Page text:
NEW UM TRUSTEES: Steven Saiontz, chairman of Union Bank of Florida, and Paul Cejas, CEO of PLC Investments, have joined the University of Miami board of trustees, which helps govern the university. Mr. Saiontz’s background is in real estate, banking and retail. Mr. Cejas served as US ambassador to Belgium and has a background in health care.
SECURITY UPDATE: Miami police plans to secure downtown during negotiations on a Free Trade Area of the Americas pact will be detailed to the Brickell Area Association at 5:30 p.m. Tuesday at Courvoisier Center II, 601 Brickell Key Drive. More than 20,000 demonstrators are expected downtown Nov. 17-21 to oppose plans to open trade barriers among 34 nations of the Western Hemisphere. Police that week will administer road closures and heavy security. Details: (305) 375-0080.
ART MIAMI: Miami’s burgeoning art scene is spotlighted in the October issue of Conde Nast Traveler. With international art show Art Basel set for Dec. 4-7, the travel magazine plugs many of Miami’s hangouts, highlighting locales in the Design District, Wynwood and Little Havana among other spots in the county. A feature article includes interviews with area art mavens such as hoteliers Don and Mera Rubell and daughter Jennifer and real-estate developer Craig Robins.
PUB PLUG: Miami City Commissioner Arthur Teele Jr. plugged Churchill’s Hideaway last week at Miami Edison Middle School to an audience on hand to hear plans for a park in Little Haiti. He has helped the longtime English pub in Little Haiti get special licenses to let patrons view televised World Cup soccer games in the wee hours. The pub, at 5501 NE Second Ave., boasts a national reputation as the area’s top venue for punk-rock shows.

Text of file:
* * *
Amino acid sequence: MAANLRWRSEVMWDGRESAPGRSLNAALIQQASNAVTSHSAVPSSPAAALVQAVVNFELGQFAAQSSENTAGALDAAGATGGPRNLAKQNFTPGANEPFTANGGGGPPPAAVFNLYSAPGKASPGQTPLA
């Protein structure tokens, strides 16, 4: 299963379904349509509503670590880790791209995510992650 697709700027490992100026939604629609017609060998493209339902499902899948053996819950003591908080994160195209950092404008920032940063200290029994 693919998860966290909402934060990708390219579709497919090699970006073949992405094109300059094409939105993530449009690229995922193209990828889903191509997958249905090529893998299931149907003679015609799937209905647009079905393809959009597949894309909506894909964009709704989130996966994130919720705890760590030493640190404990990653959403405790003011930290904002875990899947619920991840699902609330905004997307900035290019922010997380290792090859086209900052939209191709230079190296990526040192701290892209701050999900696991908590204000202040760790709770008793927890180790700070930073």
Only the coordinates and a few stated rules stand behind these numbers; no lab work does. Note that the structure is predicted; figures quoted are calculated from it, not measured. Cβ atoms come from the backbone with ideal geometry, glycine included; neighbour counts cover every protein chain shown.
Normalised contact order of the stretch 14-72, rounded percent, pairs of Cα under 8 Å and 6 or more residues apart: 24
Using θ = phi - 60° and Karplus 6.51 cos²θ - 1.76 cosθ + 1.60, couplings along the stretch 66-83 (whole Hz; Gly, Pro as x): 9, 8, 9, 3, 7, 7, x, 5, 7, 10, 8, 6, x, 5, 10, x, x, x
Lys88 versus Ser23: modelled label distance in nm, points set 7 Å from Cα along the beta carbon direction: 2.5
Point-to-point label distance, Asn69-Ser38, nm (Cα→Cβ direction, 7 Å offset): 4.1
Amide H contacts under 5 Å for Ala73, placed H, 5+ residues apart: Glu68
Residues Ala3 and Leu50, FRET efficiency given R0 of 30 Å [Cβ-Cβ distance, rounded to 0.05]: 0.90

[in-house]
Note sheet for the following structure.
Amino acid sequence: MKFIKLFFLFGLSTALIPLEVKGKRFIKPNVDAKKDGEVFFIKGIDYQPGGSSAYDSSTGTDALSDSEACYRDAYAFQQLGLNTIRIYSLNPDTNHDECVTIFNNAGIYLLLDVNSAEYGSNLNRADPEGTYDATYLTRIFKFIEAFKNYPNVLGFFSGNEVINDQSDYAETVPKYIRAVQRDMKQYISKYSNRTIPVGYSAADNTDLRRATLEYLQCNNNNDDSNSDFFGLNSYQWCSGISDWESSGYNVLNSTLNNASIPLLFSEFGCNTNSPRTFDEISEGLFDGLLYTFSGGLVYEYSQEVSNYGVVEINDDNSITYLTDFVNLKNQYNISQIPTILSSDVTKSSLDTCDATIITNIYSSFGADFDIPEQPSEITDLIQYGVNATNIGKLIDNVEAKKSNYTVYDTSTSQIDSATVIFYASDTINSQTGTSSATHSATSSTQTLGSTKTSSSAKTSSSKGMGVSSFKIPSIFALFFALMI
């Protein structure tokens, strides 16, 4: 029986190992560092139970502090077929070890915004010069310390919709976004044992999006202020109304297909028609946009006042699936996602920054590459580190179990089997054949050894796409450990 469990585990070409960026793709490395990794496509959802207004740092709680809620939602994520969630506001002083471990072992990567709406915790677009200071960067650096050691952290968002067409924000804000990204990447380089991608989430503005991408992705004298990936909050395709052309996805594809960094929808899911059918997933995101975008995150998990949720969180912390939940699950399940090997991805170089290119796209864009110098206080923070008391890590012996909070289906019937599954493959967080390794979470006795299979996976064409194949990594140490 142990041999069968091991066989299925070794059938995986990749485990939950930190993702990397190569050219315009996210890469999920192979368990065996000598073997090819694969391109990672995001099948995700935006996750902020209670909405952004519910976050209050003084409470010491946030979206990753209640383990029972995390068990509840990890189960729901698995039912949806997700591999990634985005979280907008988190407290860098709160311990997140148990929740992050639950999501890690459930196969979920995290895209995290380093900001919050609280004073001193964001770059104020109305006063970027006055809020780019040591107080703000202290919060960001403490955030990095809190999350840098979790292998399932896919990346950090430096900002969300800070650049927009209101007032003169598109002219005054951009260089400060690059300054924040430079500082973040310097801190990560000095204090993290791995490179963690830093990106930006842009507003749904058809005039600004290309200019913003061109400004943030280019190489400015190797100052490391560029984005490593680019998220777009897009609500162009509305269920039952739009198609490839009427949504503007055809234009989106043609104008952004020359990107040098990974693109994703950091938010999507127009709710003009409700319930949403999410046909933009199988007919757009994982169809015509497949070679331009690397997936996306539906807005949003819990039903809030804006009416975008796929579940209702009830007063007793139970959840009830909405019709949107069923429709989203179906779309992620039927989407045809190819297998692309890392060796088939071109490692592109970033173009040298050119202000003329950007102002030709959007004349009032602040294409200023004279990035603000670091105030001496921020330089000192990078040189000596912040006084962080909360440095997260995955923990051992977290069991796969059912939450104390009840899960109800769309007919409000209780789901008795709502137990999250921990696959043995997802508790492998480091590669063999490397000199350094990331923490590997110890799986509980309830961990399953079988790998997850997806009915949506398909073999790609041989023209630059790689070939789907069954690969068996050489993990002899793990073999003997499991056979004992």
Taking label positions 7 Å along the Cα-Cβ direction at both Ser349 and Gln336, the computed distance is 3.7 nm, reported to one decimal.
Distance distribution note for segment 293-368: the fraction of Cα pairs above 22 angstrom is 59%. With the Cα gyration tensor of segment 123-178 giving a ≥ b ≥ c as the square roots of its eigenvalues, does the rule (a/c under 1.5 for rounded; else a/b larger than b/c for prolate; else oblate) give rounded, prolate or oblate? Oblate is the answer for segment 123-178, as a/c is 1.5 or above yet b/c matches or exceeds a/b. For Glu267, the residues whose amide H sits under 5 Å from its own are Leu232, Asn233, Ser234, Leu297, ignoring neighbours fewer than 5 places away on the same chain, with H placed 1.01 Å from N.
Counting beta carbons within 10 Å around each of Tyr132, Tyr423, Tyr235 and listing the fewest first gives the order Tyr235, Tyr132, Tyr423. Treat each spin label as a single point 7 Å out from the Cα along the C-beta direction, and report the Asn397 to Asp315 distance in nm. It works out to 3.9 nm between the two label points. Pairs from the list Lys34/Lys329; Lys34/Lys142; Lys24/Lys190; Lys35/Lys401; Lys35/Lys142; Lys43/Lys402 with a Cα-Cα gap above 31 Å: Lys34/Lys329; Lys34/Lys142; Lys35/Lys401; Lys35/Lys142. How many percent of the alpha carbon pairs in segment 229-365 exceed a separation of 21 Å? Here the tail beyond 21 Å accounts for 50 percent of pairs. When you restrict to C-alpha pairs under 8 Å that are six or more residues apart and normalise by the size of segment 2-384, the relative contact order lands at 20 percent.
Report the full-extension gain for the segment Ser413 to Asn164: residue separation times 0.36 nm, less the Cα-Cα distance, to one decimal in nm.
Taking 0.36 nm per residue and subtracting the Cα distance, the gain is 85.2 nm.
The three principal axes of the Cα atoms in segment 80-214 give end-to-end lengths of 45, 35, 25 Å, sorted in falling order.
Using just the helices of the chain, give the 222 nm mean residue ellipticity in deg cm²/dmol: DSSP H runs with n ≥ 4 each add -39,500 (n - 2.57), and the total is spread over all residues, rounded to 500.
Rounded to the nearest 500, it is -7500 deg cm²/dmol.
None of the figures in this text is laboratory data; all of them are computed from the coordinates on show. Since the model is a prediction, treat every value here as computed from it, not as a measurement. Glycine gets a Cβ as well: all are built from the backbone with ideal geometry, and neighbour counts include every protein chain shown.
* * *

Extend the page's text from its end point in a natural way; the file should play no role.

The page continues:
A GOOD JOE: Mr. Teele also took time during the presentation to praise Miami Chief Administrator Joe Arriola for his work on creating a Little Haiti park, calling him a "truly great city manager for the Haitian community and the entire community." That’s a far cry from earlier this year, when the two butted heads and Mr. Teele threatened to call for Mr. Arriola’s resignation during City Commission meetings.
SCHOOLS WIN PASS: Bent Tree, Biscayne Gardens, Charles R. Drew and Palm Lakes elementary schools in Miami-Dade County will receive $30,000 each from the Council for Educational Change to finance family literacy activities through the Council’s PASS program. PASS partners the business community with schools looking to improve student achievement. The Council for Educational Change is a statewide non-profit group that seeks to improve education and raise student achievement.